Ben, you have to start putting your foot down and take control of the situation. After over 20 years of managing over 300 units, I've learned that tenants are like children that are always testing you so if you don't stand your ground then they will walk all over you. There is nothing wrong with being empathetic about a person's situation if, in fact, it is a real hardship but never let rent lapse beyond a month because that snowball is going to keep getting bigger and out of control. If you have not already done so serve her with a 3-day notice to pay or quit. If she doesn't respond to that within three days, serve her with a threat of eviction. It doesn't necessarily have to be a formal summons and complaint it can be a flyer type notice on a yellow or red sheet of paper outlining what the terms of her rent payment are as outlined on her rental agreement and stating that if her rent is not paid up within 24 hours it will be put in the hands of your attorney. If she still does not pay her rent in full ask an eviction attorney to prepare a formal summons and complaint, attach a cover letter stating that as evidenced you are serious about proceeding with the eviction and only need to file paperwork to start the process. It doesn't cost much to have an eviction attorney do this for you and is much cheaper than and actual eviction. By not filing it and preparing it it lets the tenant know that you no longer are willing to play by her rules and that you hold the rule book. I do this with my attorney all the time with tenants that try to but heads with me and 99 percent of the time tenants get the message, pay their rent, correct their behavior and I am able to avoid an actual eviction. My business is in California, not Texas so I'm not entirely aware of your termination or eviction laws but they are more favorable towards landlords than ours so this all should be legal. If after all this she continues to pay her rent late I'd just cut her loose and find someone that is willing to pay their rent on time. Some tenants just don't get it. Ain't it fun being a landlord? Best of luck..... I hope this bit of wisdom helps get your tenant back on track.
Are you charging late fees and serving the tenant with proper legal notices as dictated by your state? Did you get the tenant on your lease? I would let the tenant know that you appreciate they have been in the home for 4 years, and certainly want them to remain - however, you need to run your rental business in a way that is in complete compliance with all local, state, and federal laws. And to that end, you cannot treat one tenant differently than another ("that will be against the law"), regardless of the reason for being late or how long they've been in the home. So going forward, you have no choice but to impose a late fee (the maximum allowed in your state); and you must post a pay or vacate notice (or equivalent notice in your state) - after which you'll unfortunately having no choice but to proceed with filing for eviction, since you wish to be in full compliance with the law. Then make no exceptions going forward.
Once it is realized that you are serious about this and will REQUIRE on-time rent going forward (NO EXCEPTIONS) - you will suddenly become a priority and get paid on-time. And if not, require they vacate or evict and find a new tenant at a higher rent who will pay on-time. In that process you will likely incur some rehab and upgrade expenses to get the unit ready for the next tenant - but I doubt it will come to that.
I do think you will need to serve her notices per your state. This way you are ready to evict if needed.
Perhaps it will be easier for this tenant to pay every week or every other week? It will be very very hard for someone to come up with multiple months of rent once they get behind. Dont let her get any further behind than she is now.
The best thing you can do is hire an attorney RIGHT NOW and start the eviction process. Don't think about it. Don't give her "one more chance" to do the right thing. Stop the insanity. Use an attorney to ensure it's done right and you can close the book on this monstrosity.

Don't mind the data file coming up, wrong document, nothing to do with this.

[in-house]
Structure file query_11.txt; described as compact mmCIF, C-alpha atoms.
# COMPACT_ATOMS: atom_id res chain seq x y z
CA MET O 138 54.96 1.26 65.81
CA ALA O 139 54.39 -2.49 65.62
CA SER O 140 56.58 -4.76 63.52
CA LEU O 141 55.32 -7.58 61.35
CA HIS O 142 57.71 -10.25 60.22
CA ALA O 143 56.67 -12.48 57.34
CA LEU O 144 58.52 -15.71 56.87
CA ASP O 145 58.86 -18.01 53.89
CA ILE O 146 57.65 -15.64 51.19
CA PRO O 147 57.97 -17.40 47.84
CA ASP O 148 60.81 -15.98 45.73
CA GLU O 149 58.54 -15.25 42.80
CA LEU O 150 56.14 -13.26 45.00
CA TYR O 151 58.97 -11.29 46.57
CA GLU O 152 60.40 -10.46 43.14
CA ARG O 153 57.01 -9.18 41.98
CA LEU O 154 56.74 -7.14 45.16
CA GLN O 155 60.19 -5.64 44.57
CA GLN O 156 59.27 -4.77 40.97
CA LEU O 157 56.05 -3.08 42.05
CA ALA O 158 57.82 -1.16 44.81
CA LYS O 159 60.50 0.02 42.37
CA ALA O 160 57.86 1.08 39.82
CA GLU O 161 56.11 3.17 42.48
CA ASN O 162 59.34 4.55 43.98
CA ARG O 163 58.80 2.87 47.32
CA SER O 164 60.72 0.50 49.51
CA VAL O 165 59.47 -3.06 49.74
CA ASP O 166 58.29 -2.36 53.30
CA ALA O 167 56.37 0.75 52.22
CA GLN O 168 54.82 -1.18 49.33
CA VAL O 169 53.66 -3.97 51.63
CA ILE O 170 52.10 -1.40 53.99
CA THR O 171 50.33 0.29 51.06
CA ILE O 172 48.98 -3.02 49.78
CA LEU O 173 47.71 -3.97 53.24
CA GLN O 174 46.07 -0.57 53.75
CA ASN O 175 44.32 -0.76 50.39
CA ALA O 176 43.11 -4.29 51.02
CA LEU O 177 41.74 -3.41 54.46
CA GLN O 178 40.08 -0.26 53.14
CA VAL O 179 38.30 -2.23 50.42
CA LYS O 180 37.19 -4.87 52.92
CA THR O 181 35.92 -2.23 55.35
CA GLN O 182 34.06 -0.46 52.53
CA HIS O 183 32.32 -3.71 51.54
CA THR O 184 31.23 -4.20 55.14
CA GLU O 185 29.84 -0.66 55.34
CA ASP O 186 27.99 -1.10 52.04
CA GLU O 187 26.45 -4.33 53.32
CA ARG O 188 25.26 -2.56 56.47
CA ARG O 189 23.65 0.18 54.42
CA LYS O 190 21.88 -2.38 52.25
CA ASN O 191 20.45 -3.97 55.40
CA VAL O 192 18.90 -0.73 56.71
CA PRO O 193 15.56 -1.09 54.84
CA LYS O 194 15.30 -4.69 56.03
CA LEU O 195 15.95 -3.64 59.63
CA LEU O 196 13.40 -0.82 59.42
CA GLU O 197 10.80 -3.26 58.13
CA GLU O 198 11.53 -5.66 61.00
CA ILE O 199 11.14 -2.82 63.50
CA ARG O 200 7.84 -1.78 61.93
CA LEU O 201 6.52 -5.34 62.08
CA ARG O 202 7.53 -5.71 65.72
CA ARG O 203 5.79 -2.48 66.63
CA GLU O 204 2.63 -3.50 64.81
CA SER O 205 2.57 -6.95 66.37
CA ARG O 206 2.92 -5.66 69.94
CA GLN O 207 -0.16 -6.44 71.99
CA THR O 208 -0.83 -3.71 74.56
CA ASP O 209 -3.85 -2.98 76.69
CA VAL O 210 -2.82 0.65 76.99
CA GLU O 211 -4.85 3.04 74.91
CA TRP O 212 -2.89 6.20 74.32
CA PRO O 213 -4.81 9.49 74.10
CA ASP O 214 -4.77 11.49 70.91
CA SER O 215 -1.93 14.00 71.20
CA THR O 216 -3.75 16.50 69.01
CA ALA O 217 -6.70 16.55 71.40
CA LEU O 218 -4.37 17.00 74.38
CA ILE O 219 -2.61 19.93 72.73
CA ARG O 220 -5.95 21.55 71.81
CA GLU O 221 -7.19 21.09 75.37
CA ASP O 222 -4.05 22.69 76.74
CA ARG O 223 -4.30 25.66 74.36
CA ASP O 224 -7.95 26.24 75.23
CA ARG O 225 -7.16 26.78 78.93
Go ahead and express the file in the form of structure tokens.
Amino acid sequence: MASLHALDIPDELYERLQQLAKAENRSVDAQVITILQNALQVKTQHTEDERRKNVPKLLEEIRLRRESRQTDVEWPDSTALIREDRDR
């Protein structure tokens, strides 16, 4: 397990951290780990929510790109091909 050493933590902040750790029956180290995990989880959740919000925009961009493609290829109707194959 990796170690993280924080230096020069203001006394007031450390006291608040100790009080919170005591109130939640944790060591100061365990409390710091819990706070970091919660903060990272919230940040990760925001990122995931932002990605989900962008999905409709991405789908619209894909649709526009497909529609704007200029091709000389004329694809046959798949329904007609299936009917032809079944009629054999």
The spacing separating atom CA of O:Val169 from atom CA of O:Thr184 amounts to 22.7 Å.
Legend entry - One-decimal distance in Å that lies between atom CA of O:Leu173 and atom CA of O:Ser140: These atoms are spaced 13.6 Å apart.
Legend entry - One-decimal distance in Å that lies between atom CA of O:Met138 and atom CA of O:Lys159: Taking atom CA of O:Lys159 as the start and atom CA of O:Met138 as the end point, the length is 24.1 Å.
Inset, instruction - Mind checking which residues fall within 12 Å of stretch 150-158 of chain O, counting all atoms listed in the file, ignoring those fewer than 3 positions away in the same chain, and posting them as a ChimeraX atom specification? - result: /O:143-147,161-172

While your attorney is working on that, educate yourself on what a good property manager looks like. You may think you're smart by not hiring a property manager and saving 10% but I'm pretty sure your losses are costing you more than 10% and it's probably causing you a lot of stress and may even scare you away from continuing to invest. Hire a professional that can handle this for you and it will likely put more money in your pocket.
Remember: cheaper doesn't mean you'll make more money.
You can start by going to www.narpm.org to search their directory of managers. These are professionals with additional training and a stricter code of ethics. It's no guarantee but it's a good place to start. Regardless of how you find them, try to interview at least three managers
1. Ask how many units they manage and how much experience they have. If it's a larger organization, feel free to inquire about their different staff qualifications.
2. Review their management agreement. Make sure it explicitly explains the process for termination if you are unhappy with their services, but especially if they violate the terms of your agreement.
3. Understand the fees involved and calculate the total cost for an entire year of management so you can compare the different managers. It may sound nice to pay a 5% management fee but the extra fees can add up to be more than the other company that charges 10% with no add-on fees. Fees should be clearly stated, easy to understand, and justifiable. If you ask the manager to justify a fee and he starts hemming and hawing, move on or require them to remove the fee. Don't be afraid to negotiate!
4. Review their lease agreement and addenda. Think of all the things that could go wrong and see if the lease addresses them: unauthorized pets or tenants, early termination, security deposit, lease violations, late rent, eviction, lawn maintenance, parking, etc.
5. Don't just read the lease! Ask the manager to explain their process for dealing with maintenance, late rent, evictions, turnover, etc. If they are professional, they can explain this quickly and easily. If they are VERY professional, they will have their processes in writing as verification that it is enforced equally and fairly by their entire staff.
6. Ask to speak with some of their current owners and current/former tenants. You can also check their reviews online at Google, Facebook, or Yelp. Just remember: most negative reviews are written by problematic tenants. The fact they are complaining online might be an indication the property manager dealt with them properly so be sure to ask the manager for their side of the story.